(AP) Obama likely to accept change in spying on leaders
By JULIE PACE and STEPHEN BRAUN
President Barack Obama is expected to tighten restrictions on U.S. spying on foreign leaders and also is considering changes in National Security Agency access to Americans’ phone records, according to people familiar with a White House review of the nation’s surveillance programs.
Obama could unveil his highly anticipated decisions as early as next week. Ahead of that announcement, he is consulting with lawmakers, privacy advocates and intelligence officials who were invited to White House meetings Wednesday and Thursday.
Among the changes Obama is expected to announce is more oversight of the National Intelligence Priorities Framework, a classified document that ranks U.S. intelligence- gathering priorities and is used to make decisions on scrutiny of foreign leaders. A presidential review board recommended increasing the number of policy officials who help establish those priorities, and that could result in limits on surveillance of allies.
Documents released by former NSA contractor Edward Snowden revealed that the U.S. was monitoring the communications of several friendly foreign leaders, including German Chancellor Angela Merkel. The revelations outraged Merkel as well as other leaders, and U.S. officials say the disclosures have damaged Obama’s relations around the world.
Obama and Merkel spoke by phone Wednesday, but U.S. officials would not say whether they discussed the NSA issues.
The president also is said to be considering one of the review board’s most aggressive recommendations, a proposal to strip the NSA of its ability to store telephone records from millions of Americans and instead have phone companies or a third party hold the records. The NSA would be able to access the records only by obtaining separate court approval for each search, though exceptions could be made for emergency national security matters.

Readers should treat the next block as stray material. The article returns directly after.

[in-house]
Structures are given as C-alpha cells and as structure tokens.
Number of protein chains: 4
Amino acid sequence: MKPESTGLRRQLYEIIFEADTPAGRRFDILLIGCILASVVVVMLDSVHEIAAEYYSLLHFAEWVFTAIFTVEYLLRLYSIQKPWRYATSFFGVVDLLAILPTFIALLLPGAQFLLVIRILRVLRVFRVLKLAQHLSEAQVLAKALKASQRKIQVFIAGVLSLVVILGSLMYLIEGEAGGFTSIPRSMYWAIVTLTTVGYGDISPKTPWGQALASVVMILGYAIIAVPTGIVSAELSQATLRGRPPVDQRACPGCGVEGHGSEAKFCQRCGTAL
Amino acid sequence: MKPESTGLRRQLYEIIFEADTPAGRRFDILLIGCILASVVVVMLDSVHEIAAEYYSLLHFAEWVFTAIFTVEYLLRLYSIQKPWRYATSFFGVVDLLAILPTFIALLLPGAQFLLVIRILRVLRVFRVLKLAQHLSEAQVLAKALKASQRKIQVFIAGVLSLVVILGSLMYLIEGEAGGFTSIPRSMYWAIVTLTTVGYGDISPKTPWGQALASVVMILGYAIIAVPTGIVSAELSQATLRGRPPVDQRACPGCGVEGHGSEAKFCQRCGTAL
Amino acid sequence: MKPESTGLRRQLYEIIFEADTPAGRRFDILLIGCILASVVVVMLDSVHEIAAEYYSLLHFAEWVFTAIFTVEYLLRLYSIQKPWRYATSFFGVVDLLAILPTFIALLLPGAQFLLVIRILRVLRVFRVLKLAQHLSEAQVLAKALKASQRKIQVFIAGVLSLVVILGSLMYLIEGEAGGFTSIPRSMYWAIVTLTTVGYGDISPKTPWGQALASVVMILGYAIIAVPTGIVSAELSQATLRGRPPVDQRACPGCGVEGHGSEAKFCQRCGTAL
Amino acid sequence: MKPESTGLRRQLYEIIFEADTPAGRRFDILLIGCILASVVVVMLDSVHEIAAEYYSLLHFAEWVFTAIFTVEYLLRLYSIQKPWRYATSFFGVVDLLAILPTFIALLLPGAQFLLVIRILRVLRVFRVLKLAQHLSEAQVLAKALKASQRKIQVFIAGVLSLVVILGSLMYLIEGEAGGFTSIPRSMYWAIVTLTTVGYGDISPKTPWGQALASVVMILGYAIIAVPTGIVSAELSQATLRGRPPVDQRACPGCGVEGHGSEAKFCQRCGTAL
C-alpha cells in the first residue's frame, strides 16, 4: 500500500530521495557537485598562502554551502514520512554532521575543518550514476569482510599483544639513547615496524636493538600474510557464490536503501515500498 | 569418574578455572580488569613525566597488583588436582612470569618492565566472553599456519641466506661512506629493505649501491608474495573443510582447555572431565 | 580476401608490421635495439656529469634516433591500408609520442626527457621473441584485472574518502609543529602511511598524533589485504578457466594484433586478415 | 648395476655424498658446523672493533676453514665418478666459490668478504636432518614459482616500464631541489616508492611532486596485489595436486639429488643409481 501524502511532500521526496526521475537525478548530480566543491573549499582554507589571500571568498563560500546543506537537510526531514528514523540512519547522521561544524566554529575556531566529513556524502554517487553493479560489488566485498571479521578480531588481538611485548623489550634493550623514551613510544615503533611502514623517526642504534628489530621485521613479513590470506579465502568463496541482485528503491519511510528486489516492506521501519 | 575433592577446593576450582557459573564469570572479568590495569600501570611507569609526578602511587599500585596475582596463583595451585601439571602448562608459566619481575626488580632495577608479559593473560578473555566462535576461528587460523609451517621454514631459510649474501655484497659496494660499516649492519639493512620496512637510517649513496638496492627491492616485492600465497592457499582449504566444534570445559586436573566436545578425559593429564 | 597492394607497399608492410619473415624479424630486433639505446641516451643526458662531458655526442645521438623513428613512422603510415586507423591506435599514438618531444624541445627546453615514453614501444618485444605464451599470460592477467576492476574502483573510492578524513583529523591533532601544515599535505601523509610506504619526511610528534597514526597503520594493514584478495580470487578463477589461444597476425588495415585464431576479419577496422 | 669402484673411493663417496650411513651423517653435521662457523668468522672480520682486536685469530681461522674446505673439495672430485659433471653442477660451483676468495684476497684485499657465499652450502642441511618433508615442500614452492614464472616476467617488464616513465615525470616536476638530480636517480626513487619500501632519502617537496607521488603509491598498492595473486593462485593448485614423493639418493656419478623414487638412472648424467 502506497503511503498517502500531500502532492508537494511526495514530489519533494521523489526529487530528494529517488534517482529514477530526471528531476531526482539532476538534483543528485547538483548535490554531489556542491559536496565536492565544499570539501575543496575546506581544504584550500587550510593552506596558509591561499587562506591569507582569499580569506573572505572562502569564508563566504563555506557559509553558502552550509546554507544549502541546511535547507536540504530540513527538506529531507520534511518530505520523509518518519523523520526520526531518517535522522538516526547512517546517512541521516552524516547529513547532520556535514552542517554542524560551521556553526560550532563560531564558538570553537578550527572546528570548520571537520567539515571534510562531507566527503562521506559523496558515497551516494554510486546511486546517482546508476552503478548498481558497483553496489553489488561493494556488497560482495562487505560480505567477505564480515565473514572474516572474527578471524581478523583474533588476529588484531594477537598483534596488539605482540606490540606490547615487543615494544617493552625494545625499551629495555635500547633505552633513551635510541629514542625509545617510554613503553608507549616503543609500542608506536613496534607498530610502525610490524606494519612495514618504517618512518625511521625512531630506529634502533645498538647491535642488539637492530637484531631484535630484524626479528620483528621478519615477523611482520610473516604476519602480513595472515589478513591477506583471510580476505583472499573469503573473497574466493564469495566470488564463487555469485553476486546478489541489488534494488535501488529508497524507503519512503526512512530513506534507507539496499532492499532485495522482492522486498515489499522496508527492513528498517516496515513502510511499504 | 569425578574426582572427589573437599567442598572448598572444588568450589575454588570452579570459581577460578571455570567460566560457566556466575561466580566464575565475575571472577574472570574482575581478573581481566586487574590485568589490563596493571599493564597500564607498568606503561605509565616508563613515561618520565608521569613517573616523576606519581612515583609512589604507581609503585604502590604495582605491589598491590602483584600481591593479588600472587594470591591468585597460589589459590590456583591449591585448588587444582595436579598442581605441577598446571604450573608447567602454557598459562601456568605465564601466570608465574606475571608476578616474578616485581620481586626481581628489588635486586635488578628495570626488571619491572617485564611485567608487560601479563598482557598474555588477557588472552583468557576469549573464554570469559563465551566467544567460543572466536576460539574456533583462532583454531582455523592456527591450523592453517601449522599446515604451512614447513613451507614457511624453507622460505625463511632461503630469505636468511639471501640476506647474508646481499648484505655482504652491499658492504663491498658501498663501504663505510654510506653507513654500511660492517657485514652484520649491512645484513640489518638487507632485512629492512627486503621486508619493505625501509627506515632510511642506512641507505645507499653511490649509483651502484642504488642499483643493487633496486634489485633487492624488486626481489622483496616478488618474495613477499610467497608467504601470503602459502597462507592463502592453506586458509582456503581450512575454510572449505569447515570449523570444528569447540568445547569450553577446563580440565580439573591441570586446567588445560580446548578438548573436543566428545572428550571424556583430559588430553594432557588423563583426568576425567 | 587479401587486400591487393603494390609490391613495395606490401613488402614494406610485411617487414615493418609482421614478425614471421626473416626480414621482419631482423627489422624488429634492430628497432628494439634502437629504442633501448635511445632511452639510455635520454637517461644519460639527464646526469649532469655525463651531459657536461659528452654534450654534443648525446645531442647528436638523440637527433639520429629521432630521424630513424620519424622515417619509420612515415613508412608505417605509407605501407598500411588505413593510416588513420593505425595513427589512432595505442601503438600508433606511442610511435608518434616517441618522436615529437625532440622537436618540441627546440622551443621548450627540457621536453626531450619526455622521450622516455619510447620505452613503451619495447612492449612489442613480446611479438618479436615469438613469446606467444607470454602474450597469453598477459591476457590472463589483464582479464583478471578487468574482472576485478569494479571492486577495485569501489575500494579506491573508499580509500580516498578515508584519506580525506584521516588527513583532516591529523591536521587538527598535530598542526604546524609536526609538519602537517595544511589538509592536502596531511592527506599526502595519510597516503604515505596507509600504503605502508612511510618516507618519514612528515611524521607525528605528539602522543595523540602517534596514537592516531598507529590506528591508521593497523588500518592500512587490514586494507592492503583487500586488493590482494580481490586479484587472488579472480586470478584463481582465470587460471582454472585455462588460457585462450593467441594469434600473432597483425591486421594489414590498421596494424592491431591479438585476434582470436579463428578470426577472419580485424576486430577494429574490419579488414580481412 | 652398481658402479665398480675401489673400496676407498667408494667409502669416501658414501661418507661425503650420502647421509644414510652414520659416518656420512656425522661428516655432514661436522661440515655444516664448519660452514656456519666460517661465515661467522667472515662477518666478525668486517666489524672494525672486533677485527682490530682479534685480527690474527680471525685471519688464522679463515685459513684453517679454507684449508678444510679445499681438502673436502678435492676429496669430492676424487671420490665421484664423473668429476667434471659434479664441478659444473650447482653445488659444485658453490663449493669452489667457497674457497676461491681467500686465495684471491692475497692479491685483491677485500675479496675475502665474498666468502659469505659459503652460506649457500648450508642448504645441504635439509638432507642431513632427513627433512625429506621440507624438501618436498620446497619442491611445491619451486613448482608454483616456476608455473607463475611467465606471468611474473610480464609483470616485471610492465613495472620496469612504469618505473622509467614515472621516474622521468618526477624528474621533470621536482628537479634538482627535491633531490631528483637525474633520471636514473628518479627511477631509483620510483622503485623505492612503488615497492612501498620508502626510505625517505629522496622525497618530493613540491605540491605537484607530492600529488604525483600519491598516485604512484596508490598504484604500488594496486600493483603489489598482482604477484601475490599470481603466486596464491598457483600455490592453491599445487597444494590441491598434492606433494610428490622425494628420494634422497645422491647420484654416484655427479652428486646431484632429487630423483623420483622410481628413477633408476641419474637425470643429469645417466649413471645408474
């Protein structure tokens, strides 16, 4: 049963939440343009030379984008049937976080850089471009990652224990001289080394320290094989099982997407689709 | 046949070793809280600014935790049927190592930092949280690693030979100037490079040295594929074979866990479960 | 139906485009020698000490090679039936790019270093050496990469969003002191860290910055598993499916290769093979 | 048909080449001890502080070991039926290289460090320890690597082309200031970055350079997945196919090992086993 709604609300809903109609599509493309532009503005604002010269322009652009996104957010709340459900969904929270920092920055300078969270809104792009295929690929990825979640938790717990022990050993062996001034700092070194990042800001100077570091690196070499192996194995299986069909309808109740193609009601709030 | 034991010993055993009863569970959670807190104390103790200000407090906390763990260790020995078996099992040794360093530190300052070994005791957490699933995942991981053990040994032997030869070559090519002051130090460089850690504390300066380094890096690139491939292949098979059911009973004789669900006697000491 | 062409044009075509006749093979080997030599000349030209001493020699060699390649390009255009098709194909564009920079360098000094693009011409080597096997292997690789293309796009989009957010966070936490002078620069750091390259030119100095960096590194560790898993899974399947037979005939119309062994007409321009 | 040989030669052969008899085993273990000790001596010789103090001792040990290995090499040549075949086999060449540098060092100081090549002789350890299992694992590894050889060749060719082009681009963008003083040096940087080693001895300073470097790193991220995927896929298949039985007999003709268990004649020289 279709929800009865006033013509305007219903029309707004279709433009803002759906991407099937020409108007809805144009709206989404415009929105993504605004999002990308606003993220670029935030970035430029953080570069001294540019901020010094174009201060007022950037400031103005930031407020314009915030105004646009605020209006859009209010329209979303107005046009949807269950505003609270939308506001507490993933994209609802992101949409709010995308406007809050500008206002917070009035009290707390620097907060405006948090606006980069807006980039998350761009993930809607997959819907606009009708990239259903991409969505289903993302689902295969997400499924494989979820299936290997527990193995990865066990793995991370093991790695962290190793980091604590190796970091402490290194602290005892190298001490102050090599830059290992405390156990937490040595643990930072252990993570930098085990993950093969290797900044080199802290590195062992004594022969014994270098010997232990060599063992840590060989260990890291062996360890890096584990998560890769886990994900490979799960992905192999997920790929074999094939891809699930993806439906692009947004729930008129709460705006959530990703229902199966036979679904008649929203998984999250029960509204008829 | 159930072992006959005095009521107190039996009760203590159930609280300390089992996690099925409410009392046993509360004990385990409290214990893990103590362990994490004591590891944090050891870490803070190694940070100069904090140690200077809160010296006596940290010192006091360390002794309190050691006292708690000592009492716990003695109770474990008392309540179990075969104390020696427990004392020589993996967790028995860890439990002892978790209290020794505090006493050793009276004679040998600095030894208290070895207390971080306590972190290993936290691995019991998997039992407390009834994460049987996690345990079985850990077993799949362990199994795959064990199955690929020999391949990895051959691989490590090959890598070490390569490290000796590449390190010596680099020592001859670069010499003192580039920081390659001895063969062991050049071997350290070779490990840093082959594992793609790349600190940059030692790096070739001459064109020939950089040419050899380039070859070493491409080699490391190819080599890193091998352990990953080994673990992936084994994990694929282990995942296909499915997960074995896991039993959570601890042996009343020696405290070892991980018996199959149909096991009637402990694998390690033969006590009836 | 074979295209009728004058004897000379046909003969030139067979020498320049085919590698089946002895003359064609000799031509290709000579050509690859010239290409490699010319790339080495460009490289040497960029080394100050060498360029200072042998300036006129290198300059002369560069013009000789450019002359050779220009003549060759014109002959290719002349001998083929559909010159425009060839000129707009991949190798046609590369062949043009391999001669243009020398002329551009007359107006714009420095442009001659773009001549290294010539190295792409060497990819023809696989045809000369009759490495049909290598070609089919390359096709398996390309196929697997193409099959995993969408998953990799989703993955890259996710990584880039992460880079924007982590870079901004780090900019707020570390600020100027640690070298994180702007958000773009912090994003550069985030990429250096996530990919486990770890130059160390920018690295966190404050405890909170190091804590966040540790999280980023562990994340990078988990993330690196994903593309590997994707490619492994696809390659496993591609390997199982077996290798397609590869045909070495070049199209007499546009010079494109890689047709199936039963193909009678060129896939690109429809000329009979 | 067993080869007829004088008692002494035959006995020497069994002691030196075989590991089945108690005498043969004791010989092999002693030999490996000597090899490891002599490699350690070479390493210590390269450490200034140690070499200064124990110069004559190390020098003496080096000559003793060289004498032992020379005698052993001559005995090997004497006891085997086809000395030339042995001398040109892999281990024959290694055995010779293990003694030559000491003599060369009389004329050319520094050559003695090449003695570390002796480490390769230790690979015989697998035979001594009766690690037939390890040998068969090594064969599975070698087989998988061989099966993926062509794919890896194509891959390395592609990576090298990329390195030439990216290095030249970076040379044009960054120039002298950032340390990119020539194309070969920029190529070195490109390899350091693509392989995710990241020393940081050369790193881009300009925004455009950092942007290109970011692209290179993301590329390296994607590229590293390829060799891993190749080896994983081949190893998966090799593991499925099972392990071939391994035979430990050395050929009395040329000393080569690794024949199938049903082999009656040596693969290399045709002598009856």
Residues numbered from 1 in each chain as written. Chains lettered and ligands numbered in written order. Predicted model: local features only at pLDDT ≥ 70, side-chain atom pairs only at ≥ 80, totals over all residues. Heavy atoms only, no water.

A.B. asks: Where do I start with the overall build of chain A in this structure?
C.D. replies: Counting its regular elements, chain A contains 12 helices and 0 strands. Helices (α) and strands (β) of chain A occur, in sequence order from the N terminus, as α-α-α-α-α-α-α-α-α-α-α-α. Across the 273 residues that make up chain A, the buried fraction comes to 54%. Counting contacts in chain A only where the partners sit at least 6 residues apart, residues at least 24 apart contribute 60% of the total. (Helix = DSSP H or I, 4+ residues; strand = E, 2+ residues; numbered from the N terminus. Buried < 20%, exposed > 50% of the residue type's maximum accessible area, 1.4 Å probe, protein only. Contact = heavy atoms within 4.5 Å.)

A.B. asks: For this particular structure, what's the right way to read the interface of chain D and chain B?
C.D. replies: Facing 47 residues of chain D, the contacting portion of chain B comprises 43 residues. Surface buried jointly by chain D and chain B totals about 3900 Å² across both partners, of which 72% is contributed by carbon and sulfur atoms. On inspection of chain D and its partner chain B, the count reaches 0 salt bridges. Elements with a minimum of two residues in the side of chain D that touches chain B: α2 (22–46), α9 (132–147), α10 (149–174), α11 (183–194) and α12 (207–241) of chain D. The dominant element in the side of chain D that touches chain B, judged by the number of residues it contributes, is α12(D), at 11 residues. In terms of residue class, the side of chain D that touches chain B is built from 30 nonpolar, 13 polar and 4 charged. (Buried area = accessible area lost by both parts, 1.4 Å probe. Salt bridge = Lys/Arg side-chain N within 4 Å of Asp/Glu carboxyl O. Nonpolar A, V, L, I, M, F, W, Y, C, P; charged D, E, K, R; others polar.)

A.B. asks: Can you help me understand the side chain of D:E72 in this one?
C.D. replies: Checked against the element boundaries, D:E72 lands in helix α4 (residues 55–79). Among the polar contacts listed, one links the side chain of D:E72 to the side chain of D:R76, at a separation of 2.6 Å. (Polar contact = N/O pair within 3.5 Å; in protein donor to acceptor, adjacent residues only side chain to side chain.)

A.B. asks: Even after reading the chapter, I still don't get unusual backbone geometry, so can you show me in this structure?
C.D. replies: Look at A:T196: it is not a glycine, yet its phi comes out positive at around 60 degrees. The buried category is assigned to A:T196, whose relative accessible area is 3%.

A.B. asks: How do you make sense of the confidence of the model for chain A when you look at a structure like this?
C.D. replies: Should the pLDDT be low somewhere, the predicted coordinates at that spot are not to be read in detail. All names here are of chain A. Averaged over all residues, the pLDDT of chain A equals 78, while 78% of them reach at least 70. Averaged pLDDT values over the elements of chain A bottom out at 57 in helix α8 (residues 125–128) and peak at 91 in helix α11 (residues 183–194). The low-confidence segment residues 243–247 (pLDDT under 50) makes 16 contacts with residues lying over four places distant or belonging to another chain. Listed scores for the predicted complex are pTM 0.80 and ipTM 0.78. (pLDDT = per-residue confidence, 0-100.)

It’s unclear whether Obama will ultimately back the proposal or how quickly it could be carried out if he does.
Before making his final decisions, the president was supposed to receive a separate report from a semi-independent commission known as the Privacy and Civil Liberties Oversight Board, which was created by Congress. However, that panel’s report has been delayed without explanation until at least late January, meaning it won’t reach the president until after he makes his decisions public.
Members of that oversight board did meet with Obama on Wednesday and have briefed other administration officials on some of their preliminary findings. In a statement, the five-member panel said its meeting with the president focused on the NSA phone collection program and the Foreign Intelligence Surveillance Court, which oversees the data sweeps. White House spokeswoman Caitlin Hayden called it a good opportunity for Obama “to hear the group’s views directly as we begin to finalize our internal review.”
It’s unclear why Obama will announce his recommendations before receiving the report from the privacy and civil liberties board. One official familiar with the review process said that some White House officials were puzzled by the board’s delay. But the official said the report probably would still have strong weight in Congress, where legislators are grappling with several bills aimed at dismantling or preserving the NSA’s authority.
That official and those familiar with the White House review insisted on anonymity because they were not authorized to discuss the process by name.
Obama and Vice President Joe Biden also met at the White House with Attorney General Eric Holder and members of the U.S. intelligence community, the White House said, including Director of National Intelligence James Clapper and the heads of the NSA, FBI and CIA. The intelligence community largely supports keeping the NSA surveillance programs intact.
On Thursday, the president will meet with members of Congress, while his top lawyer, Kathryn Ruemmler, will meet with representatives from privacy groups.
Shortly after receiving the review board recommendations last month, Obama signaled that he could be open to significant surveillance changes, including to the bulk collecting of phone records.
The president also has backed the idea of adding a public advocate position to the Foreign Intelligence Surveillance Court which rules on many of the domestic surveillance decisions. The court typically hears only from the government as it decides cases and the advocate would be added to represent privacy and civil liberties concerns.
That review followed disclosures from Snowden, the former government contractor, who leaked details of several secret government programs. Snowden faces espionage charges in the U.S., but has been granted temporary asylum in Russia.
While Obama has said he welcomes the review, it’s unlikely it would have occurred without Snowden’s disclosures.
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